Day 5 (16th Jan) Calakmul

It is 55k from Xpujil to the turn-off for Calakmul so we set off early after a coffee at the transport café.  Contrary to other trip reports we only had to pass through one gate at the entrance.  However, there was a new visitor centre being constructed where the second gate used to be, and that is where we encountered our first Ocellated Turkeys.  From there to the ruins we saw perhaps 100+ turkeys and several Great Currasows.  Birding can be done anywhere along the road and around the ruins.  This place was perhaps the best site we visited, worth visiting for the spectacular Maya ruins alone and well worth the small charge. Birding around the ruins produced many birds including Slaty-tailed Trogon, Blue-crowned Motmot and many American warblers including Worm-eating Warbler.  We climbed one of the ruins and got really close views of a Bat Falcon as well as the impressive views of the jungle in all directions.  We travelled back to Xpujil late afternoon and stayed another night in the Calakmul hotel.

Day 6 (17th Jan) Usumacinta Marhes

We made the long drive to Palenque stopping on route to eat at Escarcega.  We then continued until we reached the Usumacinta marshes north east of Palenque.  We birded this area until late afternoon picking up our main target bird, Pinnated Bittern, in the strip of marsh at the side of the main road.  We then drove the remainder of the journey to Palenque where we found a hotel on the road to the ruins.  The hotels in the Lonely Planet guide proved too expensive but we managed to find somewhere cheaper that was just about ok.  (On our return to Palenque later in the trip we stayed in the town, which is the best thing to do).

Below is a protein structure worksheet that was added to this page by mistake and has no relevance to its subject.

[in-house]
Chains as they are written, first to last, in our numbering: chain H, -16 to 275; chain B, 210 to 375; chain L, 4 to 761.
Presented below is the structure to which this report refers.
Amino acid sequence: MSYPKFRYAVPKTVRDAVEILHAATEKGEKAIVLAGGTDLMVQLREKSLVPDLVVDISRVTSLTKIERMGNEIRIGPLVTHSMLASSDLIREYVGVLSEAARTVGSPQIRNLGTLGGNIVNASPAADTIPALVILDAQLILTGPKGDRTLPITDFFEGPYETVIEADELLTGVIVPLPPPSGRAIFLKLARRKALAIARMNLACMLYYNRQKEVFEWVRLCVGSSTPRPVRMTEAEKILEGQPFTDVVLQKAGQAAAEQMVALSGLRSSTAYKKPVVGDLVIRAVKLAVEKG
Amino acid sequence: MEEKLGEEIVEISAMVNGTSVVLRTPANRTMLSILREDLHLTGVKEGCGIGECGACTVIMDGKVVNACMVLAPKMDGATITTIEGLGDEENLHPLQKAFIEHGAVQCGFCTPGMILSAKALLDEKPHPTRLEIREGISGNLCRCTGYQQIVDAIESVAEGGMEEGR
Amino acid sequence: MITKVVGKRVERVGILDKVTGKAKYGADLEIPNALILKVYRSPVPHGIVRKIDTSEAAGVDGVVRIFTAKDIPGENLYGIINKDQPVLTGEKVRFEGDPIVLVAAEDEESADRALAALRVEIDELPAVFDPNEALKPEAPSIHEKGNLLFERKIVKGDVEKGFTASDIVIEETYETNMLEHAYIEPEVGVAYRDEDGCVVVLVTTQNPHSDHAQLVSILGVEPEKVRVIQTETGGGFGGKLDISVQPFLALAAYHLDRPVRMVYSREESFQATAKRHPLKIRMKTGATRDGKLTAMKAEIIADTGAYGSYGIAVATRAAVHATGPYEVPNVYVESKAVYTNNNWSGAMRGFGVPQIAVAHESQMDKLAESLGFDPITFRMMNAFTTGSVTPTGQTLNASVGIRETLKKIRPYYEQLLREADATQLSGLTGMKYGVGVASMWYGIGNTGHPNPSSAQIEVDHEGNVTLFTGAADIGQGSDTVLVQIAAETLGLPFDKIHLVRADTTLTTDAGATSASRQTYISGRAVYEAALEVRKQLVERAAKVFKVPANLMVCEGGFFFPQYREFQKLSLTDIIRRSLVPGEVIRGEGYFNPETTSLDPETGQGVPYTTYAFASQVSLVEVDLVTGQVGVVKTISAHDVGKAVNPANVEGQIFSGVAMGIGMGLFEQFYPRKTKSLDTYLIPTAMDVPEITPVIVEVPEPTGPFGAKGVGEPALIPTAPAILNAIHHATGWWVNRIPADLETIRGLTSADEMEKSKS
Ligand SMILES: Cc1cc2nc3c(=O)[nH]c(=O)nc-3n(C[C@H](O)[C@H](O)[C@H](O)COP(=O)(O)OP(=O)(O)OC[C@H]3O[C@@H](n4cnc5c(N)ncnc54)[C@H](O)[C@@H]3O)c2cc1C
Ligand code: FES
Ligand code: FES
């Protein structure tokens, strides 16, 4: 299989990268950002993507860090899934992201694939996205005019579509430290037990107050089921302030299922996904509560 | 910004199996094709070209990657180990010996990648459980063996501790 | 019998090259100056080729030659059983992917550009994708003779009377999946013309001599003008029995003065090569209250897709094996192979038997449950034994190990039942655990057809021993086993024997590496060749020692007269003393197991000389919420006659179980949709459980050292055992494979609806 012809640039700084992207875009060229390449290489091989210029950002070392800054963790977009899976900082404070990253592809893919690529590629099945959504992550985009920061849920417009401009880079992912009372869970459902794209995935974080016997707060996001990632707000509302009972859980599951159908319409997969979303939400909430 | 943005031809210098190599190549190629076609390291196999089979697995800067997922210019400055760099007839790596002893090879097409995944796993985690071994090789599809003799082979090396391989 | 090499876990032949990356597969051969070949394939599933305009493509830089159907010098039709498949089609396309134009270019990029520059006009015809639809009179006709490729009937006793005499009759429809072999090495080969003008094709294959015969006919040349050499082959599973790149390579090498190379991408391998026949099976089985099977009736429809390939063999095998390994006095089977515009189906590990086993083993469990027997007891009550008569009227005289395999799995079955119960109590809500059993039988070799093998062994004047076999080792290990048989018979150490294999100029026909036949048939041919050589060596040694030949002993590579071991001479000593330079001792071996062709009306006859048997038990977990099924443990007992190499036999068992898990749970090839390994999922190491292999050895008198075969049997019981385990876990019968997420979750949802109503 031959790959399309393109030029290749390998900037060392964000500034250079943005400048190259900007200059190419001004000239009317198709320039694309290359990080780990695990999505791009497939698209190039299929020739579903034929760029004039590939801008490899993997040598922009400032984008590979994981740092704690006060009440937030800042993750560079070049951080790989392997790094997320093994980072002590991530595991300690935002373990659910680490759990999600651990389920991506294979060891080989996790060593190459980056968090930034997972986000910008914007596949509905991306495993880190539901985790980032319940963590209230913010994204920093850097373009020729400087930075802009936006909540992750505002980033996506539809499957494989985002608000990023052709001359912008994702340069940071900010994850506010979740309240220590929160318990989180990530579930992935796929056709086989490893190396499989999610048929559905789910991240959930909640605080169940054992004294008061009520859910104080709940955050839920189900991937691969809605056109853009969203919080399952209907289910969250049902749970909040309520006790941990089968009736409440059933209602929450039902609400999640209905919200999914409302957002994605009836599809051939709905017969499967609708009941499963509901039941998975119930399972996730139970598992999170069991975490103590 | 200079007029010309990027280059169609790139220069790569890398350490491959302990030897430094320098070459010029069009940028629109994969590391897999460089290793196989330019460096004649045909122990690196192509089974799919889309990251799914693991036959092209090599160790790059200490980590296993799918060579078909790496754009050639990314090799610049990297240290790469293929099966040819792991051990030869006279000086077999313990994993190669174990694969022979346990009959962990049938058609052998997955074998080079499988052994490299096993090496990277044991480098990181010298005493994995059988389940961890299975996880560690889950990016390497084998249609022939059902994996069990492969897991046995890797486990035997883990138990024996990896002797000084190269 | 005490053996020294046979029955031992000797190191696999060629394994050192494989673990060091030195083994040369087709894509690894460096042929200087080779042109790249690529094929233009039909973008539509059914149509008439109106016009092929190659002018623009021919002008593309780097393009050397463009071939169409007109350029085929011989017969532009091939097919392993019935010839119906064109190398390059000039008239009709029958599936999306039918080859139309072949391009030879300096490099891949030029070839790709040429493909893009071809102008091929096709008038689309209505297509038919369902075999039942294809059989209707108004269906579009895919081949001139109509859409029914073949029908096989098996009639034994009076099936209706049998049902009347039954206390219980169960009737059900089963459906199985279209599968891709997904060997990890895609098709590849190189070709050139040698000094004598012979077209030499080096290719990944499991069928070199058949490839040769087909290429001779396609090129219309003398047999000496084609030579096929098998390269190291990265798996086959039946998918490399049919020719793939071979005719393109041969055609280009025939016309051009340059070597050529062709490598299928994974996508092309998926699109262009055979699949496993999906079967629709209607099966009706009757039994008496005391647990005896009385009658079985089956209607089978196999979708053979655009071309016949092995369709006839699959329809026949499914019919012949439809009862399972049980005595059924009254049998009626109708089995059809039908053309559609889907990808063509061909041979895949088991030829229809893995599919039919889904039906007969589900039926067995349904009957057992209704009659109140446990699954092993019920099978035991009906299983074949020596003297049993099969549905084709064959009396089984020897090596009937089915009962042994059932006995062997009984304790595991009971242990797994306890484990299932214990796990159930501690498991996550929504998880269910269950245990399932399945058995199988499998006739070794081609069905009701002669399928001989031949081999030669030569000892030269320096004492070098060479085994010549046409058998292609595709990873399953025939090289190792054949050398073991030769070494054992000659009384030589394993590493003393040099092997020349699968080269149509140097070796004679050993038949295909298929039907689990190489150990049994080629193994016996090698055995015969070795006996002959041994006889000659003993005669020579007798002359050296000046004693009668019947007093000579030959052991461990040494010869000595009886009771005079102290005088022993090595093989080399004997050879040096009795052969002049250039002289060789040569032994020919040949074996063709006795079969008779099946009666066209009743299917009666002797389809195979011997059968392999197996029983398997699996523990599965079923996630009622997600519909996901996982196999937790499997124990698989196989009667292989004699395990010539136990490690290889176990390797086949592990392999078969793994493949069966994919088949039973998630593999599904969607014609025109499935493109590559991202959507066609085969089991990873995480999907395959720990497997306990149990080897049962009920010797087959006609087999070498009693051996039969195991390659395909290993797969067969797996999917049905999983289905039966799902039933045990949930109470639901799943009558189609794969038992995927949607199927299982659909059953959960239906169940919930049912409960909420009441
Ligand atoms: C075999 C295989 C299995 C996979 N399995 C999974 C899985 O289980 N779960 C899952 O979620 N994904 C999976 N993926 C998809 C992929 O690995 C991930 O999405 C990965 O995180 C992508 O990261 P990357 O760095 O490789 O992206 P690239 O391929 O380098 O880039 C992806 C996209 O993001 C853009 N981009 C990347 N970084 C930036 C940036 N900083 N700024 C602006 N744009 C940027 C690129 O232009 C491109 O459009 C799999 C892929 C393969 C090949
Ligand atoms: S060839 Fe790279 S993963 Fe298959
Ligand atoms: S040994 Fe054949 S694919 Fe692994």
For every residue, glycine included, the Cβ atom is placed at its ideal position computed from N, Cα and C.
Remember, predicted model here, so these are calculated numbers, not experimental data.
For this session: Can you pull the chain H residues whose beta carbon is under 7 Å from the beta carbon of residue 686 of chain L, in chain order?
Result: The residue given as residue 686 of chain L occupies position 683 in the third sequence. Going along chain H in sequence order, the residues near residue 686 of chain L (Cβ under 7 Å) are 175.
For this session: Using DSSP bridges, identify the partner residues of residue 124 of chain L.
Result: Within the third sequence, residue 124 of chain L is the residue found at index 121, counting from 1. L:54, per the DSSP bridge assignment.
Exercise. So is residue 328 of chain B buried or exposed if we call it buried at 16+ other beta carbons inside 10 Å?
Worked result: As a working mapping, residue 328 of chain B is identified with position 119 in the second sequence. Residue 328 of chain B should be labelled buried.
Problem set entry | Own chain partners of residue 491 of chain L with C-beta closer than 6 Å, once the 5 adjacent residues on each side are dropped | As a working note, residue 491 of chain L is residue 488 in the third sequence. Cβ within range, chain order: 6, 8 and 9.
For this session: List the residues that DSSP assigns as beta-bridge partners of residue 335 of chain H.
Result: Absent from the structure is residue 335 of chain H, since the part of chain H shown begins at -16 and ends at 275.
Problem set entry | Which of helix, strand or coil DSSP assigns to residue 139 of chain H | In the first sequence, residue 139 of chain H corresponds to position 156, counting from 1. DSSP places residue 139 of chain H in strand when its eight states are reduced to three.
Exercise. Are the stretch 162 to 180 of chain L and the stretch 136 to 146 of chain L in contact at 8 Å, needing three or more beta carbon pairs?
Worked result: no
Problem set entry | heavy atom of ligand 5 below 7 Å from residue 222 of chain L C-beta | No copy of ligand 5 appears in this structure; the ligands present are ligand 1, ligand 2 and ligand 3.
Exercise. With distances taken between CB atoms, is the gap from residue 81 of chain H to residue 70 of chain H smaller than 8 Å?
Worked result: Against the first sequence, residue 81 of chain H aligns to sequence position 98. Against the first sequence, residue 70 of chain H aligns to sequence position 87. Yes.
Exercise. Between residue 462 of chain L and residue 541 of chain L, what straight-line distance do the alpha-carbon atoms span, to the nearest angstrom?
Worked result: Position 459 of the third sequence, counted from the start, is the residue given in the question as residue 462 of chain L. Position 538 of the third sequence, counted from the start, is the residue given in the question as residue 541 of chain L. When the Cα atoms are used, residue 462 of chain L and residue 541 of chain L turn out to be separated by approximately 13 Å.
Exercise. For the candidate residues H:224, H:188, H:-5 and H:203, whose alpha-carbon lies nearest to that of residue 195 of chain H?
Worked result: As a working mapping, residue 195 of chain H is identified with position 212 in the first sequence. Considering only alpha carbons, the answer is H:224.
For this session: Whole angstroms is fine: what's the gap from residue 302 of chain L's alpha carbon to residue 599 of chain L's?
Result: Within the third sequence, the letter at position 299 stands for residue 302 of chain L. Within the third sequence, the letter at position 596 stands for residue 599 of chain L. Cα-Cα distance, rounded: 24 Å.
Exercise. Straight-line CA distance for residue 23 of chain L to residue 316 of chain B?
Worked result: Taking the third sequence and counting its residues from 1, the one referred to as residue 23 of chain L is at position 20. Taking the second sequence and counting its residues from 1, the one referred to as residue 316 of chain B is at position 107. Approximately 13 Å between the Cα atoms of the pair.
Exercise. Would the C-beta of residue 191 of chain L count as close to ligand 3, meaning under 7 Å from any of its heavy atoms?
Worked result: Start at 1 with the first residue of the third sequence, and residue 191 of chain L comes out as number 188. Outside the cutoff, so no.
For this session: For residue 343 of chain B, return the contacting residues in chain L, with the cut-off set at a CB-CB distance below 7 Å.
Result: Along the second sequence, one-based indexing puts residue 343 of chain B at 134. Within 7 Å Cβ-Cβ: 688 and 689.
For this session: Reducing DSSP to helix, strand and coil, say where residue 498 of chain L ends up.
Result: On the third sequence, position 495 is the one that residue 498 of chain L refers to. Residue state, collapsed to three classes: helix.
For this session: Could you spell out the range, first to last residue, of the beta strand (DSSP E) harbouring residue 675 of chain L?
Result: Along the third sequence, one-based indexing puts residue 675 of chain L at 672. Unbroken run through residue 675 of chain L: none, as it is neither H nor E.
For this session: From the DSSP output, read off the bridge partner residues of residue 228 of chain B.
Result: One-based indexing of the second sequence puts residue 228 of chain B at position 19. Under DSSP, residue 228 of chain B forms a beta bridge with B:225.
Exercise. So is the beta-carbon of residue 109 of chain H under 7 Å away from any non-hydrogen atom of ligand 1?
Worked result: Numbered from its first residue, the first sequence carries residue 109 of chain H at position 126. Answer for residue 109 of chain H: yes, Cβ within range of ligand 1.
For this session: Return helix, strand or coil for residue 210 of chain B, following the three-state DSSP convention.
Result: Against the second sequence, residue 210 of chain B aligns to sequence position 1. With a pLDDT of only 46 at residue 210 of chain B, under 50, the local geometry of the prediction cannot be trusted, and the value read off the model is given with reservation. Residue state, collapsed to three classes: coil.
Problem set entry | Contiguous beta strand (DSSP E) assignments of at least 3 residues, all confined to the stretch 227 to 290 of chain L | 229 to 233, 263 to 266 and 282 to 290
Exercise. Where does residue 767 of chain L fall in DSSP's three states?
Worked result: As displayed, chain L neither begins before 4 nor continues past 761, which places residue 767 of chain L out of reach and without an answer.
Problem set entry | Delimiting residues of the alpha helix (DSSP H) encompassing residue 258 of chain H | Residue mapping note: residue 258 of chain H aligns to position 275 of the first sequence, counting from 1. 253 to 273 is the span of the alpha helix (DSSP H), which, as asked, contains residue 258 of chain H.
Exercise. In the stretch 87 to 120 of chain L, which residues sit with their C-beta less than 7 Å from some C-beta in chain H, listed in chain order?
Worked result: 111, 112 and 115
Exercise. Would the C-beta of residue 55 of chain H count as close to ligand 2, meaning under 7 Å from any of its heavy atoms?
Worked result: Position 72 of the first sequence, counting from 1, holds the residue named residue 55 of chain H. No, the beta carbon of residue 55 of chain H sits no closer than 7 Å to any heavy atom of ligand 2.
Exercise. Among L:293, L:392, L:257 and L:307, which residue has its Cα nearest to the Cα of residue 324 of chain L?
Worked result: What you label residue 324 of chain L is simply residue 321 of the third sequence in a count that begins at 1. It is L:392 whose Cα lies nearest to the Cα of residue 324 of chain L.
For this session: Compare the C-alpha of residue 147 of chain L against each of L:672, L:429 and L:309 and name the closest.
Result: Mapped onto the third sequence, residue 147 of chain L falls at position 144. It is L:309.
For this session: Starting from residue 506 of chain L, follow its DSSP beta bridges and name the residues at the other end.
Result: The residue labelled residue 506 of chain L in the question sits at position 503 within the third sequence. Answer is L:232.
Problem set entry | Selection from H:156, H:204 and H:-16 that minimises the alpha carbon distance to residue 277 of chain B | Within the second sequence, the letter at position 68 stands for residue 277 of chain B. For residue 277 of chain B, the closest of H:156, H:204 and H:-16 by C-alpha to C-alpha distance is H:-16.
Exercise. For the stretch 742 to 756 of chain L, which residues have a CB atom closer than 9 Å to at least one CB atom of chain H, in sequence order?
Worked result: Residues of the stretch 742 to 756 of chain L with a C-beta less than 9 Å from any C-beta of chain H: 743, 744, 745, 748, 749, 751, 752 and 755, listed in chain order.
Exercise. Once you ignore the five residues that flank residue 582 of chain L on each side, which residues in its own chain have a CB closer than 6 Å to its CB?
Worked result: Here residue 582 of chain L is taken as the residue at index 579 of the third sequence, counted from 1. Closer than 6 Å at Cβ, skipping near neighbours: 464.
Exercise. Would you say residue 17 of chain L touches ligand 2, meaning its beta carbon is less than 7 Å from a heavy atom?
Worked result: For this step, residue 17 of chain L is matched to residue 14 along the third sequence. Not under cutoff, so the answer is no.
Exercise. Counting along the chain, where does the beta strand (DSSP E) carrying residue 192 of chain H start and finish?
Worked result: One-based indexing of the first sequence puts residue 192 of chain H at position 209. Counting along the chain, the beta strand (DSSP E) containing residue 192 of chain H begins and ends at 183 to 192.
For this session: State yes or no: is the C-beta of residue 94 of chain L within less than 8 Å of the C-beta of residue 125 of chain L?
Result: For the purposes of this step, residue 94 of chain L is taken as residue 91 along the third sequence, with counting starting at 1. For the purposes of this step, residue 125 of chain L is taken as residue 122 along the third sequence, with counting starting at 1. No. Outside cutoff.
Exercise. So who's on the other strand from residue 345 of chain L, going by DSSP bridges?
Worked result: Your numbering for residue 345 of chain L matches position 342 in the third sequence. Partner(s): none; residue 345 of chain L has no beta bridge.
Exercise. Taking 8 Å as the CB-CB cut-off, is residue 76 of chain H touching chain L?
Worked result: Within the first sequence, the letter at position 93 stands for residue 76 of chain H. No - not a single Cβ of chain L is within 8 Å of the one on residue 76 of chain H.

Day 7 (18th Jan) Palenque 

The best birding around Palenque is around the major ruins that you have to pay to enter.  We started on the Cascade Trail (See Howell) at first light and soon located a pair of Mexican Antthrushes as well as Red-crowned and Red-throated Tanagers.  After several hours birding we drove into the town and had an excellent breakfast at the Trotamundo Restaurant just below the bus station (30m) on the Avenida Juarez.  We then resumed birding around the ruins for several hours; again, the ruins are good value for money.  Late afternoon we tried birding at the site described by Howell on the Ocosingo highway, but forest clearance has now degraded this site. On our way back to Palenque we stopped at a roadside café just outside of town for a beer and got Yellow-winged Tanager.  In the evening we ate again in the cheap but excellent Trotamundo Restaurant.